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Morris Franklin Tyler papers

Call Number: MS 1135

Scope and Contents

The Morris F. Tyler Papers fill one box and contain one folder of correspondence and diaries, and fourteen folders of lectures and writings.

The collection contains just two letters, one from John J. Audubon (1785-1851), his wife's grandfather, to the Reverend Andrew Bigelow and the second from Connecticut Governor William A. Buckingham (1804-1875) to Daniel P. Tyler. Folders two and three contain diaries covering the years from 1875 to 1907. They contain a good deal of useful information about Tyler's family and activities with some discussion of national issues. In 1884, for example, Tyler writes about the nomination of Blaine by the Republicans and how he, as an independent Republican, will support Cleveland. In other entries he discusses the 1876 presidential election and the great blizzard of 1888. The rest of the collection consists of fourteen folders of lectures and writings reflecting his broad literary interests. All were probably written by Morris F. Tyler, except "Medieval Asia" which was by son Leonard S. Tyler (1881-1928).

For additional Morris F. Tyler material, see the John F. Weir Papers, Manuscript Group Number 550.


  • 1842-1907


Conditions Governing Access

The materials are open for research.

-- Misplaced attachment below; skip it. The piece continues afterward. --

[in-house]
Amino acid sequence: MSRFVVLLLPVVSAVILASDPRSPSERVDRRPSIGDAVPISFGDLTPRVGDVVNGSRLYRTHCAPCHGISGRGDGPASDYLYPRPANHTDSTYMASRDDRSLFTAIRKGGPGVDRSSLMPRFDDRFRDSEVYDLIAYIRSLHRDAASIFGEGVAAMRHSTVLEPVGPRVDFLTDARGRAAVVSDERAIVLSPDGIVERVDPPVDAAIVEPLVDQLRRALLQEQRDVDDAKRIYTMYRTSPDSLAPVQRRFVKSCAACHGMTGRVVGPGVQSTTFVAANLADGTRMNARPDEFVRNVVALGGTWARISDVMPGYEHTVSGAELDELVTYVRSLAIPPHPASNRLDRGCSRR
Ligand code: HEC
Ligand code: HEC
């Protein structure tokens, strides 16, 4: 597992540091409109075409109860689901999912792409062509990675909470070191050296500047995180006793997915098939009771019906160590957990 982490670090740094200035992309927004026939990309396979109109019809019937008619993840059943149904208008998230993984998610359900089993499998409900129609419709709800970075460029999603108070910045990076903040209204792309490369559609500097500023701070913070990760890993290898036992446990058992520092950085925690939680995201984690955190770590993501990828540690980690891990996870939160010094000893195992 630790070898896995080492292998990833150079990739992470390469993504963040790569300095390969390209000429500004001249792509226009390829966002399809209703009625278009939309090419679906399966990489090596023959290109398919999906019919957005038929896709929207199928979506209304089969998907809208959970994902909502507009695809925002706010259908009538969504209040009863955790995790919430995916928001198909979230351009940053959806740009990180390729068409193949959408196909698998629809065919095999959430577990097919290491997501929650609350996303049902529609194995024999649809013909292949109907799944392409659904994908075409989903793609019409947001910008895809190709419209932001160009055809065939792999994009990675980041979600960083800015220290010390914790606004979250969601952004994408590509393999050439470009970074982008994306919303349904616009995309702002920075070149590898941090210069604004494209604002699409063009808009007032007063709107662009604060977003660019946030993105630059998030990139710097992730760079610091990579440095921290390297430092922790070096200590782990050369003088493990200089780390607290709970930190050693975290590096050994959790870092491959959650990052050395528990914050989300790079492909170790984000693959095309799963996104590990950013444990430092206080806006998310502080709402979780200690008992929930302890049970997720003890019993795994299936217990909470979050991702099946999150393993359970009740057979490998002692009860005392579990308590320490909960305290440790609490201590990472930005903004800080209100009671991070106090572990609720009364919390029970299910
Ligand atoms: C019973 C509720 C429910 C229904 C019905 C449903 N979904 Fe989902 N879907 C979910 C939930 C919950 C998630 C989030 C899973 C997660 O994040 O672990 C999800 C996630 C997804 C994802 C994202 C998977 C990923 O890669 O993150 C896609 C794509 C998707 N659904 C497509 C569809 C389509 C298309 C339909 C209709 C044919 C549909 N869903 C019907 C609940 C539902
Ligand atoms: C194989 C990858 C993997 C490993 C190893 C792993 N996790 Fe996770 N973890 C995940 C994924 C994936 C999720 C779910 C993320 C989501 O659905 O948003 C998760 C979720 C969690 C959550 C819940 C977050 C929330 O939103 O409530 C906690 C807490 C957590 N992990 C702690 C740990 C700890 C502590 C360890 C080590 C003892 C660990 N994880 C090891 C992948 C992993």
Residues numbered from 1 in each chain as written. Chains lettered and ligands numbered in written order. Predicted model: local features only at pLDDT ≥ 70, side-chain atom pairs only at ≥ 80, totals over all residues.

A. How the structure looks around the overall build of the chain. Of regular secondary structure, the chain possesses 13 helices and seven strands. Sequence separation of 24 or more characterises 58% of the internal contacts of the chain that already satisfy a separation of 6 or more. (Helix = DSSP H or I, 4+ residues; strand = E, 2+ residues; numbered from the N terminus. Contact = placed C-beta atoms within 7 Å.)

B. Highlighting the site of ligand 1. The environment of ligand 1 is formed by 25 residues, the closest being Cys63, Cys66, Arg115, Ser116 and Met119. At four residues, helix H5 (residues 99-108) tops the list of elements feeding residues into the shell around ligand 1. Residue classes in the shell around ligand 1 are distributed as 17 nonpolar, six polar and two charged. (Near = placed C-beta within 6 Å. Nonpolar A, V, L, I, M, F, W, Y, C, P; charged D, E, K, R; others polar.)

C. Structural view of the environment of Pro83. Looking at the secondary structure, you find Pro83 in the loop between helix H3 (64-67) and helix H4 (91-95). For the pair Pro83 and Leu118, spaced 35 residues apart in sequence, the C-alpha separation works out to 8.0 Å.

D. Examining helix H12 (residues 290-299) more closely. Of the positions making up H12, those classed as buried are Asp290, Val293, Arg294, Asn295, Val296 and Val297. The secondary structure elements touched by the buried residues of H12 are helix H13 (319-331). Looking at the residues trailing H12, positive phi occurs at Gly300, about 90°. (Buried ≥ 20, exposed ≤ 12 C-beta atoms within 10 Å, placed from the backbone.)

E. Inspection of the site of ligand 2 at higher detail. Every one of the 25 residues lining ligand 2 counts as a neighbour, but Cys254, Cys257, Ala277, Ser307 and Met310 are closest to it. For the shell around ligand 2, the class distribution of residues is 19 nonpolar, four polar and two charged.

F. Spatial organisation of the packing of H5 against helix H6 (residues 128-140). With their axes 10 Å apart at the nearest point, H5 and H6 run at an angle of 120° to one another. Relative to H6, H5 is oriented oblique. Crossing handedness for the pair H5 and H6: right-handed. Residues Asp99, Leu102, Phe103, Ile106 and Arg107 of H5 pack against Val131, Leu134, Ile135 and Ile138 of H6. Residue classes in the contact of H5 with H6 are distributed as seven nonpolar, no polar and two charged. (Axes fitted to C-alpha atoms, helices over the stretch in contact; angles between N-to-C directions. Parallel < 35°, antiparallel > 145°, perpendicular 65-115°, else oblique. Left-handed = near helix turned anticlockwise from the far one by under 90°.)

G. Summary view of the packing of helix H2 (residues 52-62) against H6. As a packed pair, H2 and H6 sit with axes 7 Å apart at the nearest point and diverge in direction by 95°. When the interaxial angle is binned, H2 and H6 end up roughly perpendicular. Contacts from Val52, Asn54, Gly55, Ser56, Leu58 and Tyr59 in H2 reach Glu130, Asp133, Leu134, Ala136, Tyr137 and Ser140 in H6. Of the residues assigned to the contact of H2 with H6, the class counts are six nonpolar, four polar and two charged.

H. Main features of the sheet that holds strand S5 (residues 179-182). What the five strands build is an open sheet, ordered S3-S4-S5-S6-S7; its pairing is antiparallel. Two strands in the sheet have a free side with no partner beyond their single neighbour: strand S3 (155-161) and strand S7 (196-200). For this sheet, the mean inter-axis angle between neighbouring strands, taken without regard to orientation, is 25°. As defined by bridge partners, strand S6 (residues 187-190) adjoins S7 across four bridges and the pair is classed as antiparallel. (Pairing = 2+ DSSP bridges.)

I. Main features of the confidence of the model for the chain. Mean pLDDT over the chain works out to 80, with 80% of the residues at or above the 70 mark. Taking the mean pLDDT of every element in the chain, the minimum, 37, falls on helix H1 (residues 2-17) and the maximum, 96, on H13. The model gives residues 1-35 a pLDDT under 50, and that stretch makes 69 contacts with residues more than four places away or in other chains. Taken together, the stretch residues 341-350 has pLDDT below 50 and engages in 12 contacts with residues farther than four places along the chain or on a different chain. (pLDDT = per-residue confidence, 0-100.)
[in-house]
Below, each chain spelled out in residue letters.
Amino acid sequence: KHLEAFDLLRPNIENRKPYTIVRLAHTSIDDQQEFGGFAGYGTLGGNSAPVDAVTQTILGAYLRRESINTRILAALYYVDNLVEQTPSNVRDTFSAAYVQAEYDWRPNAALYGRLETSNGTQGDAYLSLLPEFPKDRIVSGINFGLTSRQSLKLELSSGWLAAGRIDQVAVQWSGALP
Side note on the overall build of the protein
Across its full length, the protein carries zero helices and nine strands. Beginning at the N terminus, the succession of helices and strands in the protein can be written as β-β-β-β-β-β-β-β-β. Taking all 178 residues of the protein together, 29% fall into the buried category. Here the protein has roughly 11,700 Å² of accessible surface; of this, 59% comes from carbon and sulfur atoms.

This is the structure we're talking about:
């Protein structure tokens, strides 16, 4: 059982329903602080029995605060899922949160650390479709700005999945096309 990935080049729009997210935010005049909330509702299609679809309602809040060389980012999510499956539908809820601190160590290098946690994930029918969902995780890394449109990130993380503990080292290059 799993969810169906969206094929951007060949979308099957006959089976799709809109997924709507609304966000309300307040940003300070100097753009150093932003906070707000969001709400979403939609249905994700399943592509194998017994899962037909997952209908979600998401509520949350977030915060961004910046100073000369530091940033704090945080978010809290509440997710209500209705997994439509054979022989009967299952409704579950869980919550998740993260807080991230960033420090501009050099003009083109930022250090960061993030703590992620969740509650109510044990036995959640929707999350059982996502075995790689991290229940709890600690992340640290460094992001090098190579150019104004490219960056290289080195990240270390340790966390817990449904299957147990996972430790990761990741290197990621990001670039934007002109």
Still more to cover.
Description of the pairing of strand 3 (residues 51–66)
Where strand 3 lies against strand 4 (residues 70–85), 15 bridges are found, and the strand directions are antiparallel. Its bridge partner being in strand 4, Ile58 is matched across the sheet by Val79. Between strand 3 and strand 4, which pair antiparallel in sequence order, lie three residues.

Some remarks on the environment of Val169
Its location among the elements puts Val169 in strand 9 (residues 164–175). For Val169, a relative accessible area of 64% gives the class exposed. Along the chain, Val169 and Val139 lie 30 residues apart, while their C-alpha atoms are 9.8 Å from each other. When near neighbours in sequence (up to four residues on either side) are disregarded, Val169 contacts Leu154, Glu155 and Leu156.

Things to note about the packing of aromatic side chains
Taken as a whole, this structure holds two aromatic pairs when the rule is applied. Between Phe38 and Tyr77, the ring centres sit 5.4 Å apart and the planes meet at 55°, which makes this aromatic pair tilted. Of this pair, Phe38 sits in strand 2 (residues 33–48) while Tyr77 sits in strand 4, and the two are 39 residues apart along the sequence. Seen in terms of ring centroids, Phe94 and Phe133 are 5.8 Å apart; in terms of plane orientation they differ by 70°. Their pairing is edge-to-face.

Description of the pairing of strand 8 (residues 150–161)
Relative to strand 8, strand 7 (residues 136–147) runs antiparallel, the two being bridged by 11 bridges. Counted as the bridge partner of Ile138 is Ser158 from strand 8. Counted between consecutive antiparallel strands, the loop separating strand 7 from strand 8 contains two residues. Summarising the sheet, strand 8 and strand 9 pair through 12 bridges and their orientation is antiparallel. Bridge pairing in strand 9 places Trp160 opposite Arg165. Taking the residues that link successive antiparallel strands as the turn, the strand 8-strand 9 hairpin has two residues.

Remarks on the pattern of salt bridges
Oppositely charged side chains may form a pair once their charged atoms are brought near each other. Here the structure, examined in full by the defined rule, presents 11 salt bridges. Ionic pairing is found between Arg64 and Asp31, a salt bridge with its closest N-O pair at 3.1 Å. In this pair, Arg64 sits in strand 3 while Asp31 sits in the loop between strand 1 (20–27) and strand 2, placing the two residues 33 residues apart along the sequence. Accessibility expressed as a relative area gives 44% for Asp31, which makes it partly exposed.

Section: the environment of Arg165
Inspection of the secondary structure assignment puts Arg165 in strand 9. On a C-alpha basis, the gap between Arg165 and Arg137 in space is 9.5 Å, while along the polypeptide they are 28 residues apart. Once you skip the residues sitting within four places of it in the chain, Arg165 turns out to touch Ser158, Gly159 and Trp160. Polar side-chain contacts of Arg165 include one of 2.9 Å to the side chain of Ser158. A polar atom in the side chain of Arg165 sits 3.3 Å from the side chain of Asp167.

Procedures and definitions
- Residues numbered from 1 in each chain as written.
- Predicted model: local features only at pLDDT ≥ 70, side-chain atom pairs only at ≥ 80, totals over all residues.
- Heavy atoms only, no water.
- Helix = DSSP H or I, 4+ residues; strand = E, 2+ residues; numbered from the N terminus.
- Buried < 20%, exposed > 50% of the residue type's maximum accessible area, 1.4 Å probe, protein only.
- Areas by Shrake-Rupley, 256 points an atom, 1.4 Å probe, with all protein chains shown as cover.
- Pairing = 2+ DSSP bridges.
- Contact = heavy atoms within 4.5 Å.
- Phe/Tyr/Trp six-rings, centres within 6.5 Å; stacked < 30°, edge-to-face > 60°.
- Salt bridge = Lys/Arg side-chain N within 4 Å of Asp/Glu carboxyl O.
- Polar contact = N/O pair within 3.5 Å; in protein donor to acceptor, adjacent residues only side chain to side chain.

Conditions Governing Use

Unpublished materials authored or otherwise produced by the creator(s) of this collection are in the public domain. There are no restrictions on use. Copyright status for other collection materials is unknown. Transmission or reproduction of materials protected by U.S. Copyright Law (Title 17, U.S.C.) beyond that allowed by fair use requires the written permission of the copyright owners. Works not in the public domain cannot be commercially exploited without permission of the copyright owners. Responsibility for any use rests exclusively with the user.

Immediate Source of Acquisition

Largely the gift of Mrs. Leonard Tyler, 1946; additional gift from Mrs. Roger A. Connolly, 1955; and by purchase in 1956.


0.75 Linear Feet

Language of Materials


Catalog Record

A record for this collection is available in Orbis, the Yale University Library catalog

Persistent URL


The papers consist of diaries, lectures, and writings on various aspects of European culture, and a notebook on "Medieval Asia" kept by Morris Franklin Tyler's son, Leonard S. Tyler. The diaries (1875-1907) are largely devoted to family life in New Haven and Woodbridge, Connecticut, but also comment on current political issues, particularly the presidential elections of 1876 and 1884. Also in the papers are letters from John James Audubon to Andrew Bigelow, and from William A. Buckingham to Daniel Tyler.

Biographical / Historical

Morris Franklin Tyler, son of Hon. Morris and Mary Frisbie (Butler) Tyler, was born in New Haven, Conn., August 12, 1848. He was prepared for college in the New Haven High School. His father, a wholesale boot and shoe merchant, was Mayor of the city and Lieutenant-Governor of the state.

After graduation from the Academical Department Mr. Tyler entered the Law School. He received the degree of Bachelor of Laws in 1873, also the same year that of Master of Arts in course; but, meantime, gave much time to journalism, first in connection with the Hartford Evening Post and then as associate editor of the New Haven Palladium. He practiced his profession first as a member of the firm of Tyler & Hubbard and then as head of the firm of Tyler, Ingersoll & Moran. He served the city and state for several years, from 1875 to 1878 being a member of the New Haven Board of Education, from 1878 to 1880 councilman from his ward, and in 1881-1882 Executive Secretary to Governor Hobart B. Bigelow.